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May 03, 2012 - Image 1

Resource type:
Text
Publication:
The Detroit Jewish News, 2012-05-03

Disclaimer: Computer generated plain text may have errors. Read more about this.

1800

WEIR

.

CO

W SAVING COMMERCIAL PROPERTY OWNERS ON THEIR TAXES

$2.00 MAY 3-9, 2012 / 11-17 IYAR 5772
A JEWISH RENAISSANCE MEDIA PUBLICATION

theJEWISHNEWS.com

» Portraits of Honor Local Holocaust survivors' bios
accessible online; "passports" ready for visitors. See page 16.

» Local Honorees

JCPA Plenum in Detroit celebrates Mayor
Dave Bing and Mark Davidoff for their work. See page 18.

DETROIT JEWISH NEWS

metro

» Art Fairs Our list will help you make the most out of this
summer's area art fairs. See page 50.

Zita Weber of West Bloomfield, a Czech
child survivor, with her "passport"

>> cover story

Touching

s

Out-state Scouts learn about
the Holocaust firsthand
from survivors.

Allen Olender I Special to the Jewish News

T

Arrowman Kevin Neff from Gaylord escorts Holocaust
survivor Jack Weinberger of Oak Park into the capitol.

he bus, accompanied by two cars, pulled
into the Department of Military and
Veterans Affairs' National Guard Armory in
Lansing about 9:30 p.m. April 18, after a three-hour
ride from Traverse City. In these sparse surround-
ings, a life-changing 24 hours began for 25 Scouts
and 18 adult leaders, all members of the Indian
Drum Lodge of the Order of the Arrow.
These young men were chosen for a special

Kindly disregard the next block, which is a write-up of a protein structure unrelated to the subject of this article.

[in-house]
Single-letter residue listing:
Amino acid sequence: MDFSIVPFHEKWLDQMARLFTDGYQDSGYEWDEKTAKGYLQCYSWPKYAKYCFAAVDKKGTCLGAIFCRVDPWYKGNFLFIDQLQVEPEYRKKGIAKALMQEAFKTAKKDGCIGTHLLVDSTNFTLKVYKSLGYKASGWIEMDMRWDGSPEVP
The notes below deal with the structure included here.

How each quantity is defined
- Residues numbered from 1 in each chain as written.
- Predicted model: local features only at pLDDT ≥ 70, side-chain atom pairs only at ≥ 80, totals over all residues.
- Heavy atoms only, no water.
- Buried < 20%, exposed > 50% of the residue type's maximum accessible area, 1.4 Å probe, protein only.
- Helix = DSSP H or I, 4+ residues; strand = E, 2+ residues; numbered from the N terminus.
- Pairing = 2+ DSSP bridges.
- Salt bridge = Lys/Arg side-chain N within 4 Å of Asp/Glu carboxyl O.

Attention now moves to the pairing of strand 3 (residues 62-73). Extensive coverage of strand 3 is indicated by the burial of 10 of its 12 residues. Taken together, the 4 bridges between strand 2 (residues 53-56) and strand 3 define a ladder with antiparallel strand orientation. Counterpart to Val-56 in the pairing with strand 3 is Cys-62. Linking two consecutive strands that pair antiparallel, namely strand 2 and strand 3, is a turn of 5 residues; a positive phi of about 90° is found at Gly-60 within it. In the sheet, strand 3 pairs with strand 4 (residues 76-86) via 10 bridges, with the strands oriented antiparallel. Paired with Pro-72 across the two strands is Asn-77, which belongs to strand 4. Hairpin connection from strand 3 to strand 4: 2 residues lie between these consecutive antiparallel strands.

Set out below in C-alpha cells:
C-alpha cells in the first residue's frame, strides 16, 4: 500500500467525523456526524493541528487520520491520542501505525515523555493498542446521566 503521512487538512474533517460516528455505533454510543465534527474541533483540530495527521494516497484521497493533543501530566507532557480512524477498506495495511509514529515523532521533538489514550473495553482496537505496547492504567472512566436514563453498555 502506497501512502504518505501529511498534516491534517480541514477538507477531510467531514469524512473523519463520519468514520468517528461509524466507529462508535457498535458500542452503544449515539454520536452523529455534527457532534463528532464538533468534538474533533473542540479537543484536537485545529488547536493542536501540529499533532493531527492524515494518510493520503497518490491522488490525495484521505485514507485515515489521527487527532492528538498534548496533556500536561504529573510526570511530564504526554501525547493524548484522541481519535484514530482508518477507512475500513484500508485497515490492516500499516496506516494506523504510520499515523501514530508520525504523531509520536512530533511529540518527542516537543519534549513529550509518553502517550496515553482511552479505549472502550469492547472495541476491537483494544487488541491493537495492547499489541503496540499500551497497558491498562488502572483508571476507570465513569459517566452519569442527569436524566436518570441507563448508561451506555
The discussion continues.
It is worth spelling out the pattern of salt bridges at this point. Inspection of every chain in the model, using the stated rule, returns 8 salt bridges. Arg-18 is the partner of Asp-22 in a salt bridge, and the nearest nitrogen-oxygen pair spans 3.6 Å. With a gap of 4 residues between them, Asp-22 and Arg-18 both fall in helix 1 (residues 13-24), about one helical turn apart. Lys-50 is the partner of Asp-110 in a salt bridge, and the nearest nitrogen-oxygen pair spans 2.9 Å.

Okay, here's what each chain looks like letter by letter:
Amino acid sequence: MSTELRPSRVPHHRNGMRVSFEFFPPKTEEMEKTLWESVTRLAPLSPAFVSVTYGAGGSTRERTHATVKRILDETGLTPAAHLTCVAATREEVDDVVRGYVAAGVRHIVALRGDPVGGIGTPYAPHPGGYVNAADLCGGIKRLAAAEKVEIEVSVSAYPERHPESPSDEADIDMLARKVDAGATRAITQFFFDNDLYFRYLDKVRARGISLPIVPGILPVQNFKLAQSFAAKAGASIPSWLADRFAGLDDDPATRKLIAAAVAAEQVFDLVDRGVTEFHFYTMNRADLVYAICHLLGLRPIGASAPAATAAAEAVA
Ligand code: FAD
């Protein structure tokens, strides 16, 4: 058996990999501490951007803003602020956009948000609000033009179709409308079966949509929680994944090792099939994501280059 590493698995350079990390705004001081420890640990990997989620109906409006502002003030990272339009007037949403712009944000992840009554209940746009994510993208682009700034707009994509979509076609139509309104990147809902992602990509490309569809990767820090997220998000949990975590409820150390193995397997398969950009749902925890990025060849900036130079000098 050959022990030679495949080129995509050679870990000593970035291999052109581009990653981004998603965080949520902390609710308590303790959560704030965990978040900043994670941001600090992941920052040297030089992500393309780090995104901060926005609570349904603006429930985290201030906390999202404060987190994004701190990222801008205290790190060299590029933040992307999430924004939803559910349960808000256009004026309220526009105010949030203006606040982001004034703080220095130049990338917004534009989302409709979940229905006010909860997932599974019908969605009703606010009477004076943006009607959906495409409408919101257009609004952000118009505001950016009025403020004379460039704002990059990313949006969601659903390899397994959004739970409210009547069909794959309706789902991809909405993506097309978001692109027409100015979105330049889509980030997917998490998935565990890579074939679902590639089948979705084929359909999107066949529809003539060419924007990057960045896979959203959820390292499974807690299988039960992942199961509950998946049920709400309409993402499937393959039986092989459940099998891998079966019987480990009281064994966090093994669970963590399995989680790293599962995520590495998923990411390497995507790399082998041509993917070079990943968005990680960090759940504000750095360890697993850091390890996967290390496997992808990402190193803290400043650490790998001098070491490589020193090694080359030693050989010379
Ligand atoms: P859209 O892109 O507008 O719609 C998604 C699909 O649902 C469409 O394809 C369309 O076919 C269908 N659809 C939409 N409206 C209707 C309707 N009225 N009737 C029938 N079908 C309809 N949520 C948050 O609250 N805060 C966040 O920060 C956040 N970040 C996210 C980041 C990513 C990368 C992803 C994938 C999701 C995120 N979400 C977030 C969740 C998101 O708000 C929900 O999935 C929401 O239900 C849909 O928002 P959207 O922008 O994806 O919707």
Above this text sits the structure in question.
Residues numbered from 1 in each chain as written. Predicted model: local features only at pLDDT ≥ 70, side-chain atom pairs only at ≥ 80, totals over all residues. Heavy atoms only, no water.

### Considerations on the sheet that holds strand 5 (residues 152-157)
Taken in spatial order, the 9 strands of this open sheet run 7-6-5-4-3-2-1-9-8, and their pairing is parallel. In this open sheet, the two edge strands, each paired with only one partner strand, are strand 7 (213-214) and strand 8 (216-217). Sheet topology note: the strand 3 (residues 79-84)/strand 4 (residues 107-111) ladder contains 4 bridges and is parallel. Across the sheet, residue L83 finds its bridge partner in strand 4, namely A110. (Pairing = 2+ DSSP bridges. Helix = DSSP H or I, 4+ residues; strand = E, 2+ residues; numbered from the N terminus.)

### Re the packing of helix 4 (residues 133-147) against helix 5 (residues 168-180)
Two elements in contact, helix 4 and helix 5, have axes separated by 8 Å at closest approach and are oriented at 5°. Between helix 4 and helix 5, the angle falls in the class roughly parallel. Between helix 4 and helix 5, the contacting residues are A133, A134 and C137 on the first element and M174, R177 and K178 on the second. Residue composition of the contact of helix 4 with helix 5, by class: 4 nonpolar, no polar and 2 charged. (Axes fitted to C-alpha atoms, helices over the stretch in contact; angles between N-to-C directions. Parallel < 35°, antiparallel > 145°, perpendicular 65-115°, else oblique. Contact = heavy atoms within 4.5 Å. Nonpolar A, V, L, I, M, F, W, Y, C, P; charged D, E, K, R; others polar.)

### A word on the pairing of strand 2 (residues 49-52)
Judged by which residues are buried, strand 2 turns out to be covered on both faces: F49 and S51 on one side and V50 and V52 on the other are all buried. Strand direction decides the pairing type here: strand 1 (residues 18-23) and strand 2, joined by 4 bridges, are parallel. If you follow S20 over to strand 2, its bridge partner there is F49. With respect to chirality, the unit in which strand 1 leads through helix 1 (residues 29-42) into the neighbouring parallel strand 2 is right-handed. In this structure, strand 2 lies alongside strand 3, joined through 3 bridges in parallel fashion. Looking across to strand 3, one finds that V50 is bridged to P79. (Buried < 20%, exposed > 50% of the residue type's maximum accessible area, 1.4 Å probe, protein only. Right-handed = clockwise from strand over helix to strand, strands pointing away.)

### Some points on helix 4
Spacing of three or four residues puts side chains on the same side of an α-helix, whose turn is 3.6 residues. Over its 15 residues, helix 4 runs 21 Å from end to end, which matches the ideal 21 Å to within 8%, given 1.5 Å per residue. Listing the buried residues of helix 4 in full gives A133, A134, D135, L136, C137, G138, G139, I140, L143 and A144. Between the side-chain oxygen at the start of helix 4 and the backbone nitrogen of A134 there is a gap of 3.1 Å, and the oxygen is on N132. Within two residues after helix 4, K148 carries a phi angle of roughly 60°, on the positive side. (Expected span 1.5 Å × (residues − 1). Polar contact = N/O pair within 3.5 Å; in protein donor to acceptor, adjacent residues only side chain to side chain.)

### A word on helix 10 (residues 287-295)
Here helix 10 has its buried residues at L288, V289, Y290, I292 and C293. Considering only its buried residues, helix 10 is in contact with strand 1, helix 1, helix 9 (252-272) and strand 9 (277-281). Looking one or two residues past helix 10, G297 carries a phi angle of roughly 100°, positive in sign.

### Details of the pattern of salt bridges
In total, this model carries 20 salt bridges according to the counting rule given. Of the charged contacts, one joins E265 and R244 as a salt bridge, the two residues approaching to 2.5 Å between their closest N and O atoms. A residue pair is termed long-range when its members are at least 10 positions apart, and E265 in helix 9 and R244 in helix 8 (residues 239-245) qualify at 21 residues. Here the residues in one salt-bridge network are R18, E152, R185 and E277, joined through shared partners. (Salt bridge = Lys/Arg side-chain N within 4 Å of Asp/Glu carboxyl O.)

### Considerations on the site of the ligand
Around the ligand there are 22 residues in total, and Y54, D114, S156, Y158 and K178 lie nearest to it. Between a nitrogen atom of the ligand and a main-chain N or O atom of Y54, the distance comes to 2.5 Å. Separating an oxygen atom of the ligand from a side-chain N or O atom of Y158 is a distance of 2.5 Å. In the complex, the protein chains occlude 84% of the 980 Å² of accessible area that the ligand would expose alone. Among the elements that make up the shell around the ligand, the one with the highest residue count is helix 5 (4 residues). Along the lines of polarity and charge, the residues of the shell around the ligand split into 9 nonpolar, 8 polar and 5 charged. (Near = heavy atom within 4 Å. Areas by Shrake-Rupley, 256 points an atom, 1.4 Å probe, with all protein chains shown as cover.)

task — providing the honor guard and escort-
ing Metro Detroit Holocaust survivors into the
rotunda of the state capitol for the annual Holocaust
Commemoration Ceremony. None of the Scouts are
Jewish. Few had even met Jewish people. Not one had

ever met a Holocaust survivor.
For the last nine years, Metro Detroit Jewish
Scouts have done the honors, but the numbers had
been dwindling. A conversation with Susan Herman,
director of the Lansing-based Michigan Jewish
Conference, who plans the annual capitol event, and
a number of Detroit Scout leaders led to choosing
Scouts from a different venue, one that offered a
unique challenge and an incredible opportunity
They decided that for this year's ceremony, Scouts
would be invited from rural out-state communities.
The opportunity to introduce the survivors

CONTINUED ON PAGE 8

.adam Secretary F

Former Secretary of State Madeleine
Albright reflects on her family history
and lessons for today's world.

Jackie Headapohl I Managing Editor

ormer U.S. Secretary of State Madeleine Albright
recalls the first time she had an inkling of her
Jewish heritage, around the same time she was
being vetted for the office she would hold from 1997-
2001.
Since she became a public figure in 1993 as U.S.
Ambassador to the United Nations, Albright, a native
of Prague, Czechoslovakia, began to receive letters from
Czechs claiming to know her family, but none of the
names, towns or
years matched up —
not until 1996, when
she received a letter
from a person who
had known her fam-
ily and remembered

CONTINUED ON PAGE 12

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